The most important thing is to have a clearly communicated and genuine consultative process.
The economy is tough and that has been reflected in some of our recent cases where companies have had to restructure and retrench significant portions of their labour forces. This has been the case since the global financial crisis of 2008 and is particularly prevalent in certain industries, such as manufacturing and the mining industry.
But there is a right way and a wrong way of dealing with large-scale retrenchments. Companies that have done it well have often approached it as a project management piece. They haven't taken a simplistic approach of looking at what the law says they are required to do and enacted retrenchment processes strictly in accordance with that.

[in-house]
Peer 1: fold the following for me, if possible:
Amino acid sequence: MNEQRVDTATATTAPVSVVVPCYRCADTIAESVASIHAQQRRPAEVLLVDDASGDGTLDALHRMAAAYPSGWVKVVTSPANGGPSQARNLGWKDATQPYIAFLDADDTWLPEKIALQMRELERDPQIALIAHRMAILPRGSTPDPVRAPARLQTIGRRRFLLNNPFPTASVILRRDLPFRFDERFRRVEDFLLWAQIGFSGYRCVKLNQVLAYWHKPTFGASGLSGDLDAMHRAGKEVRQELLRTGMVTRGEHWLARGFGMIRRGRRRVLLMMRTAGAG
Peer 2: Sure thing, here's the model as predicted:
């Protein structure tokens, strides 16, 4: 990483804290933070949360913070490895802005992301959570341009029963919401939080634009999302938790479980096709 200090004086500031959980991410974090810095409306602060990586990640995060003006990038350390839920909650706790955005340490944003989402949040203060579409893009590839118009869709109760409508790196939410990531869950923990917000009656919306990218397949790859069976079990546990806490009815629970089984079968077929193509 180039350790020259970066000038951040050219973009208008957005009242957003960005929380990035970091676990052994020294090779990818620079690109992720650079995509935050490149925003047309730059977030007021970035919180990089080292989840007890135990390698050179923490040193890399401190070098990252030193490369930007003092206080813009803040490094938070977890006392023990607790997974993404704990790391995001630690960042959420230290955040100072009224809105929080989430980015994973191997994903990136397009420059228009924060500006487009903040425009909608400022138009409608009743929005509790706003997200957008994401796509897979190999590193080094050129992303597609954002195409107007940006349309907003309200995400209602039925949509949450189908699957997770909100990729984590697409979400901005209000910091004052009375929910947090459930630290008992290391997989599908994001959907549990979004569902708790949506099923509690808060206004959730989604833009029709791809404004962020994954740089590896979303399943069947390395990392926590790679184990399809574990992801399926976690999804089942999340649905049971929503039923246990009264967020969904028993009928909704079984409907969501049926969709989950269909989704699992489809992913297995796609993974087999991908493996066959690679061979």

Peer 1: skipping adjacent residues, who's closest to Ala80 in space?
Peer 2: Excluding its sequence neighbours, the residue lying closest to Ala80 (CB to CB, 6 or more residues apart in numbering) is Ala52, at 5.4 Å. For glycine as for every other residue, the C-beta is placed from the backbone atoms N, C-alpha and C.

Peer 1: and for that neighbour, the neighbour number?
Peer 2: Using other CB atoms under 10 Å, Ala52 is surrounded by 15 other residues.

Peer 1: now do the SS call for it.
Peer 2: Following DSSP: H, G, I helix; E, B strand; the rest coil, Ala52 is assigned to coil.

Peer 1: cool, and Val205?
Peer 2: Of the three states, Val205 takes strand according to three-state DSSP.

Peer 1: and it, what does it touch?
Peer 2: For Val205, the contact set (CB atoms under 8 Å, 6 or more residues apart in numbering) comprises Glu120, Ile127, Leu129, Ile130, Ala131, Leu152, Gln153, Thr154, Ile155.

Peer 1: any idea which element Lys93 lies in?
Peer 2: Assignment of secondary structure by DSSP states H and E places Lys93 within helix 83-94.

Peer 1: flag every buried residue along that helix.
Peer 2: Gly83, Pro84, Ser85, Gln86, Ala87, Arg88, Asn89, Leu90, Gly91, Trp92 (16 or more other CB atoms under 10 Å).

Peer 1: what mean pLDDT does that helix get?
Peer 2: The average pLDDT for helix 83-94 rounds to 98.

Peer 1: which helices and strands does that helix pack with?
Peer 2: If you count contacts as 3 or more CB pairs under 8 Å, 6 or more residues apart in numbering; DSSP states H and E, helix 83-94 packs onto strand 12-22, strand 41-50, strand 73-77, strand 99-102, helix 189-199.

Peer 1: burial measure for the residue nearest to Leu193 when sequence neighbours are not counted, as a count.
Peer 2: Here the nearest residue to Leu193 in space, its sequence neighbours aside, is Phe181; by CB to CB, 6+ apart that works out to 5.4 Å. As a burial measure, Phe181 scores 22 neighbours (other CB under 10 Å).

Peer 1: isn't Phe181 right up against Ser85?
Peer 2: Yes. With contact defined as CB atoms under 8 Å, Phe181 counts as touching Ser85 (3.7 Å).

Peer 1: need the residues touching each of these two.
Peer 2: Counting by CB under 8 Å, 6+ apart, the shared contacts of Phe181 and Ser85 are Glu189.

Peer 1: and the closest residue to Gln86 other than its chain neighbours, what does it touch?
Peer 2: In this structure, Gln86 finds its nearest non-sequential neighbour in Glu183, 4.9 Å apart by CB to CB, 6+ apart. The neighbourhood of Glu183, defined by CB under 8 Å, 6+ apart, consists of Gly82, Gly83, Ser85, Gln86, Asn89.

"Both costs and employee expectations need to be properly managed. While it is important to tick all the boxes from the legal point of view, the people are ultimately the most important part of the process and you have to make sure you deal with them in the correct way to ensure that post the process you are not left with a demotivated and unhappy workforce."
Be aware that the people you want to retain the most are generally the most mobile and will likely be the first to leave if the process is not properly managed. It is often a balance between managing the need to consult properly – bearing in mind that there is a mandatory minimum consultation period of 60 days in most large-scale retrenchment processes – versus managing the business risk side of things.